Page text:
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New bill would end use of taxpayer money in sexual harassment settlements

NICHOLAS KAMM/AFP/Getty Images

Lawmakers in the House on Thursday unveiled a bipartisan bill that would prohibit the use of taxpayer dollars to settle sexual harassment cases involving members of Congress and overhaul the system for reporting sexual misconduct.

Why it matters: This comes in response to a string of sexual misconduct allegations against members of Congress. The Office of Compliance, set up in 1995 under the Congressional Accountability Act, disclosed last year that Congress has paid more than $17.2 million in tax dollars over the last 20 years to settle 268 sexual misconduct and discrimination cases on Capitol Hill.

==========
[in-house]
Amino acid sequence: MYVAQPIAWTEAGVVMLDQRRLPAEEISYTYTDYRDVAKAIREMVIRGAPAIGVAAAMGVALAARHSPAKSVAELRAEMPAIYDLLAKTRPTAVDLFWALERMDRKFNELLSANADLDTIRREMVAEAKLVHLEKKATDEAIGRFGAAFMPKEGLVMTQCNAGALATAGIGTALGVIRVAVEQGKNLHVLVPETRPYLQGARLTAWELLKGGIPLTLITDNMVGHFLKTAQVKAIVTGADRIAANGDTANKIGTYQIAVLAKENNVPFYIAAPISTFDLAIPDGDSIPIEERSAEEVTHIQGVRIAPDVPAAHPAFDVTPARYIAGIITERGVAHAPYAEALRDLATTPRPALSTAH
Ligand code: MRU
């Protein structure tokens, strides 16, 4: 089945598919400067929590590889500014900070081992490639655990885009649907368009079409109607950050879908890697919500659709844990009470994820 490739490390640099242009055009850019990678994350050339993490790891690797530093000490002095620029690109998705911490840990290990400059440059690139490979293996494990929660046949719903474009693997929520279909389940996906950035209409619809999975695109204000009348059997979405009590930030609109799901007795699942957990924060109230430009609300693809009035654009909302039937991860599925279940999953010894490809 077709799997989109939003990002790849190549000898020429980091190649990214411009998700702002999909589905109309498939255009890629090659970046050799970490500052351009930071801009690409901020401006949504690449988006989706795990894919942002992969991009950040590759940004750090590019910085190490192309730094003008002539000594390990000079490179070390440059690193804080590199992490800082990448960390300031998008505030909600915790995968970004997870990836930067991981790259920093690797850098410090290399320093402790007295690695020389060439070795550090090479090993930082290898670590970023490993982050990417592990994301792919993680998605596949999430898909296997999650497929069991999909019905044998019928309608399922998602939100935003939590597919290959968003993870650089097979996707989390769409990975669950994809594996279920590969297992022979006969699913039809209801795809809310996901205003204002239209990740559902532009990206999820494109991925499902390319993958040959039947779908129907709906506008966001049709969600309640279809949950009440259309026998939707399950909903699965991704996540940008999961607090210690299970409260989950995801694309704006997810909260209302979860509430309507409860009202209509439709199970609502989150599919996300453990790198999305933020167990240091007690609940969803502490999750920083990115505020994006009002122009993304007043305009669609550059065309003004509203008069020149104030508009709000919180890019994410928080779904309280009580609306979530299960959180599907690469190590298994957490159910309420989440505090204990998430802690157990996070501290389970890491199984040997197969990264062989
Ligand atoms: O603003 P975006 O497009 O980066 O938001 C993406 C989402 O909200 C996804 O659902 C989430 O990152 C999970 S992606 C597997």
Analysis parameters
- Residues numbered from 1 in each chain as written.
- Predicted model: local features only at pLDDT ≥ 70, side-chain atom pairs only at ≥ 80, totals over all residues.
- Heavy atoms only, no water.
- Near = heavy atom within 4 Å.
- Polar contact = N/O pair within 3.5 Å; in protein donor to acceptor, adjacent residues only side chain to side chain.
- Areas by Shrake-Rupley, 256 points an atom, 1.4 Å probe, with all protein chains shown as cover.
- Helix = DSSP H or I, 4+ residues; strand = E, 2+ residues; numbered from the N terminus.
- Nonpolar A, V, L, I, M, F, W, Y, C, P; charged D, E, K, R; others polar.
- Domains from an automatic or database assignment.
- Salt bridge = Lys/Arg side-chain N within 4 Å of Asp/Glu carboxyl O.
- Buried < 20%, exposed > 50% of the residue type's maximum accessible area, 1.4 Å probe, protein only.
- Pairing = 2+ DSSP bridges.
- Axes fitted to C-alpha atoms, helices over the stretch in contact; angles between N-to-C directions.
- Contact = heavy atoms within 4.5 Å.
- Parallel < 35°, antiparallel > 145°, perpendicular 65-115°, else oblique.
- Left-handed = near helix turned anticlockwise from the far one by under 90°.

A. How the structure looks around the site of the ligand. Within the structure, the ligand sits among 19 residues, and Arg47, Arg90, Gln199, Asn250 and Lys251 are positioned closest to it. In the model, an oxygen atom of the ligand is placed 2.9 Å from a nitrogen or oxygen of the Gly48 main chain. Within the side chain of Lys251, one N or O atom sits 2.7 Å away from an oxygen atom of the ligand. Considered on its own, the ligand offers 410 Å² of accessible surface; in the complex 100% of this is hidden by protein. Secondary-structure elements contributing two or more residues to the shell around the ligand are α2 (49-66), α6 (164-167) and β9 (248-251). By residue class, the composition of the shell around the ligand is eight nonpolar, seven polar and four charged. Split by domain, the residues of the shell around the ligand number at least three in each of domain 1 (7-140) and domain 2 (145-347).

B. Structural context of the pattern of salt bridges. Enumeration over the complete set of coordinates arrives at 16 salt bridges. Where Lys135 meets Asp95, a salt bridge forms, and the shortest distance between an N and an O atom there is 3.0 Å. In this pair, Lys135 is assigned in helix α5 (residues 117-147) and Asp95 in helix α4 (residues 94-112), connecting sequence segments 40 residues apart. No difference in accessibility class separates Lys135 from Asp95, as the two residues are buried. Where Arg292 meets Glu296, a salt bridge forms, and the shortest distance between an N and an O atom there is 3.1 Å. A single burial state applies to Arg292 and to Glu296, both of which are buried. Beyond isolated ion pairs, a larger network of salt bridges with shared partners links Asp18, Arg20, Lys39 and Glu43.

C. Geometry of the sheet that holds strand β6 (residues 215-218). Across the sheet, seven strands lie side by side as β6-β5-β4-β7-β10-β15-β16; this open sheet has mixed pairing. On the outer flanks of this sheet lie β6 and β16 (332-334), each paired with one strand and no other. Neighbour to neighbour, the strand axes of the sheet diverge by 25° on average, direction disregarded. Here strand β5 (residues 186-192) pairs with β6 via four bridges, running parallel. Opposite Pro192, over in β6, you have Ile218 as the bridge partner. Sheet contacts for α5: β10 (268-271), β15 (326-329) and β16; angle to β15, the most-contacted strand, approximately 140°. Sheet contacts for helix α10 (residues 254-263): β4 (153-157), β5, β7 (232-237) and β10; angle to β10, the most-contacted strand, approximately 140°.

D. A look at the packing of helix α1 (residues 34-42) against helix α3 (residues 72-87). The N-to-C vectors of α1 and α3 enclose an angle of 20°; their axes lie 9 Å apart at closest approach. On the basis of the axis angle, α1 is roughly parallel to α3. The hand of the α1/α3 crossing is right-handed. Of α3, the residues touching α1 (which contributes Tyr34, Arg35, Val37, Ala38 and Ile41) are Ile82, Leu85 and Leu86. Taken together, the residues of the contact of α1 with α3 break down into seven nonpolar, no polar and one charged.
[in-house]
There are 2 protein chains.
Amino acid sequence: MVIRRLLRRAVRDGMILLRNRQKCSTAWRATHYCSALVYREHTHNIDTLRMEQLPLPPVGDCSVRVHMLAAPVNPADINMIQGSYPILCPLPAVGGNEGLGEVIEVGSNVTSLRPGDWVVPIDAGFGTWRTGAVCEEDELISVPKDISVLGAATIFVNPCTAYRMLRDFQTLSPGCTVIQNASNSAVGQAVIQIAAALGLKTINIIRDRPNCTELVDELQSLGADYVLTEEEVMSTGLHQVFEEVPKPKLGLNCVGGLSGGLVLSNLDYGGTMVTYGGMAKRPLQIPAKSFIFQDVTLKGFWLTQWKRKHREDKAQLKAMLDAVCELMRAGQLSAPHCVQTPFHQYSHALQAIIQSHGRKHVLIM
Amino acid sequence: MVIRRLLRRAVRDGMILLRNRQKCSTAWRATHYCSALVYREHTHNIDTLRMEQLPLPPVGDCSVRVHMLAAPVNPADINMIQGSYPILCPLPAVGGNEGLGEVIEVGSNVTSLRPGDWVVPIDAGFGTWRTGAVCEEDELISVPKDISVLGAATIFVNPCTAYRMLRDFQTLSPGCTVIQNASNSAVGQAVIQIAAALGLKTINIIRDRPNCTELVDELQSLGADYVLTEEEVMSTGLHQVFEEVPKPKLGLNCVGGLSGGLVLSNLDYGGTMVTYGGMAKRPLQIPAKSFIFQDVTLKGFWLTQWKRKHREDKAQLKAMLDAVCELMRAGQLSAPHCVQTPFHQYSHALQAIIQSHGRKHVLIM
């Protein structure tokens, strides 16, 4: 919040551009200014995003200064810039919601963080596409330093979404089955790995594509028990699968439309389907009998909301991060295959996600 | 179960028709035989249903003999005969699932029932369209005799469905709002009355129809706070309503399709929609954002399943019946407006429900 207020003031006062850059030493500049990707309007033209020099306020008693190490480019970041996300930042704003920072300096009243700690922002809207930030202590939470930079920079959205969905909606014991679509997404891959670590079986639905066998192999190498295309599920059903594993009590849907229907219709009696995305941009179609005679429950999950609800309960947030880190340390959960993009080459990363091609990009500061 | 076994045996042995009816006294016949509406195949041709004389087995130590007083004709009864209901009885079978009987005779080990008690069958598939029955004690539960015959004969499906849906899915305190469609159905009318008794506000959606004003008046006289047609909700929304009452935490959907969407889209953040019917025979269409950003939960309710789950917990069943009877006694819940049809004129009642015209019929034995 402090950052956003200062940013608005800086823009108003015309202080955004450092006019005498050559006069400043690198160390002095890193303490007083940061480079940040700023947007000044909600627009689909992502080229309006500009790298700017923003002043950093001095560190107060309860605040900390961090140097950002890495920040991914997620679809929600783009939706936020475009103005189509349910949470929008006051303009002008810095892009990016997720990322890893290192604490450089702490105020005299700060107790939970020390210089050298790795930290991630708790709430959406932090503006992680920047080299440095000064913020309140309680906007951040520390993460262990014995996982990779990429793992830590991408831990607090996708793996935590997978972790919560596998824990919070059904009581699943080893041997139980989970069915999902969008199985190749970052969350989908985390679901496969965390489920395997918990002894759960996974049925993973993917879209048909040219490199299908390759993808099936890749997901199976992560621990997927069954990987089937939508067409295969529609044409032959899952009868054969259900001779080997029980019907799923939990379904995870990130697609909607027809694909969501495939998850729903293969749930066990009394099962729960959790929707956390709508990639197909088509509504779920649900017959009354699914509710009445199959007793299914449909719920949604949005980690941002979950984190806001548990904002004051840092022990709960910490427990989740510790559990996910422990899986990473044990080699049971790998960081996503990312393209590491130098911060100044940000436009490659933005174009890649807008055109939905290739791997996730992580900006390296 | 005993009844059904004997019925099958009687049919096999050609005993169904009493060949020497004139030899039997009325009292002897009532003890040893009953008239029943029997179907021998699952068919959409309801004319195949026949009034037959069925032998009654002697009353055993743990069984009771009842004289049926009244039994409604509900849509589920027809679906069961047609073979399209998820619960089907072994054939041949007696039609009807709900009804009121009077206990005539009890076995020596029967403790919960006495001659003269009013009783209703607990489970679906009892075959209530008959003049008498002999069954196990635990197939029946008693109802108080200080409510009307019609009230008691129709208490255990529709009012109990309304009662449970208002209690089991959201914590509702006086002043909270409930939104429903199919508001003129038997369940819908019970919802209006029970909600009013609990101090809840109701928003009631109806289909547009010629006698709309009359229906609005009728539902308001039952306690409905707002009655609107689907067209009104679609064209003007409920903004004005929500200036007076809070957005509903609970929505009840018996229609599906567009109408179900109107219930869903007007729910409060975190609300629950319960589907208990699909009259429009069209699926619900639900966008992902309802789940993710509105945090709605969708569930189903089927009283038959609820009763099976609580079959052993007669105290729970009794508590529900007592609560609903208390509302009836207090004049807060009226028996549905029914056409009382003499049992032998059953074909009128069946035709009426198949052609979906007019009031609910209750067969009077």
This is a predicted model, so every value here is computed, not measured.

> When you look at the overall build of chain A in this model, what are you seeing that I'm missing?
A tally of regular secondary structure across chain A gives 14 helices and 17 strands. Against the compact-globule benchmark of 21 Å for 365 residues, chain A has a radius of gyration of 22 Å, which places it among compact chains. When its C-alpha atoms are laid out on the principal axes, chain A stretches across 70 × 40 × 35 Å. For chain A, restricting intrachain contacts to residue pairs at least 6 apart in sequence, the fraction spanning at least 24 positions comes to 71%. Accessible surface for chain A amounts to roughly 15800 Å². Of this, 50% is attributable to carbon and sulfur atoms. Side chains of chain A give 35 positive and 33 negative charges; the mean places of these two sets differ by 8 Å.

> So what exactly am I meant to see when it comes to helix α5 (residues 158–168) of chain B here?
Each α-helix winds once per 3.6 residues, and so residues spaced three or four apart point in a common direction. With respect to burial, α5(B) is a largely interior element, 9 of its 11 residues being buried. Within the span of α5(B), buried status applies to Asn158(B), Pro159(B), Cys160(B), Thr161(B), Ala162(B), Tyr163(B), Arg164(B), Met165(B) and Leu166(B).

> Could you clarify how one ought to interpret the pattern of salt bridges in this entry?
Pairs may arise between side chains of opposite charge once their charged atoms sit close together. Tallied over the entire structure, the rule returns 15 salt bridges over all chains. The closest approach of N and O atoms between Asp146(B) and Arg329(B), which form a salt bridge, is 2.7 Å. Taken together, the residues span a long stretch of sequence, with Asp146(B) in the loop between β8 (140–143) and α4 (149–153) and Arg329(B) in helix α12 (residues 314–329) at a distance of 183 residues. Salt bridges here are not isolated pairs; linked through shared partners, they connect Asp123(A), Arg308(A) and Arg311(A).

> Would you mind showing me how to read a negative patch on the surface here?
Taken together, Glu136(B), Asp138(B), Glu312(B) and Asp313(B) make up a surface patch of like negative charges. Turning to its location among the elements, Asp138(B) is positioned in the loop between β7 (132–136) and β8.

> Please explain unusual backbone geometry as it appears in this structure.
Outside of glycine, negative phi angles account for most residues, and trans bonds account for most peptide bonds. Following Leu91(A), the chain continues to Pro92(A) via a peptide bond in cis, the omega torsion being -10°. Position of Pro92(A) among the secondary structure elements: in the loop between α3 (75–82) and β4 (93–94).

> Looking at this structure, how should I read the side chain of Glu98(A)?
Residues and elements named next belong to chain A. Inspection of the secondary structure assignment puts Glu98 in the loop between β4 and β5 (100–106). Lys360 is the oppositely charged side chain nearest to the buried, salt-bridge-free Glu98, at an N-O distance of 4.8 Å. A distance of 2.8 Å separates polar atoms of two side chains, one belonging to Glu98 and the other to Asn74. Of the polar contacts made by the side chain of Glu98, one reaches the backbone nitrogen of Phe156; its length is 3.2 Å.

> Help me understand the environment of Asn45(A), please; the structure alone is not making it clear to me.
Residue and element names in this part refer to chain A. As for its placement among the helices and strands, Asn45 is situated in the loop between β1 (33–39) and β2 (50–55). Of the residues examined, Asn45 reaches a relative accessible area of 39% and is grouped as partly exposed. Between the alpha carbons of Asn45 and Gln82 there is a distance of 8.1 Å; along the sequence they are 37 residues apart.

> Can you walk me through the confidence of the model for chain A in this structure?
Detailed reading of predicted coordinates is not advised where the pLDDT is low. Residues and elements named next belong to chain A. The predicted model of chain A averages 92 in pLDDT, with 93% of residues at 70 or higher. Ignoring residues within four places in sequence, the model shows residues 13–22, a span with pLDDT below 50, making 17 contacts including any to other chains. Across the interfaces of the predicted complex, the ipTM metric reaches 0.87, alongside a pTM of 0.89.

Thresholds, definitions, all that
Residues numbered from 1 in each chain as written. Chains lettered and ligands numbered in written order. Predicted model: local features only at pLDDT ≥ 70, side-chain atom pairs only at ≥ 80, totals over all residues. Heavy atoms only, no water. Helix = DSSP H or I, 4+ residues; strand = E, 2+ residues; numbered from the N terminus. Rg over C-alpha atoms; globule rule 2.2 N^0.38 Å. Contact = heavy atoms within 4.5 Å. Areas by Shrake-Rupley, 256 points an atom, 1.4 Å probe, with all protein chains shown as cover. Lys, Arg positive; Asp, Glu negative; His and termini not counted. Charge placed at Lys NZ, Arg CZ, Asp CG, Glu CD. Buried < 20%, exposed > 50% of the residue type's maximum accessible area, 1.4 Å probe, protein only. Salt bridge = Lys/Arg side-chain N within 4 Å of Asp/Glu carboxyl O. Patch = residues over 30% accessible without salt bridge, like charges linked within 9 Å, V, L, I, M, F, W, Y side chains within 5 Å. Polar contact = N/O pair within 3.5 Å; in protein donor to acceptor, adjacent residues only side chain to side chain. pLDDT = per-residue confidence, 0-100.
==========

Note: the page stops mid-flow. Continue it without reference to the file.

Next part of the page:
Key details of the bill:

  • Under the bill, lawmakers would have 90 days to reimburse the Treasury for awards and settlements paid on their behalf, even after they leave political office.
  • The Office of Compliance would be mandated to report and publish information online every 6 months on awards and settlements. It would include the lawmaker's office, settlement amount, the claims and whether the member has reimbursed the Treasury.
  • House employees would get access to legal consultation, representation, and assistance in proceedings before the Office of Compliance and Committee on Ethics.

Go deeper: Congress has paid $17 million in sexual misconduct and discrimination settlements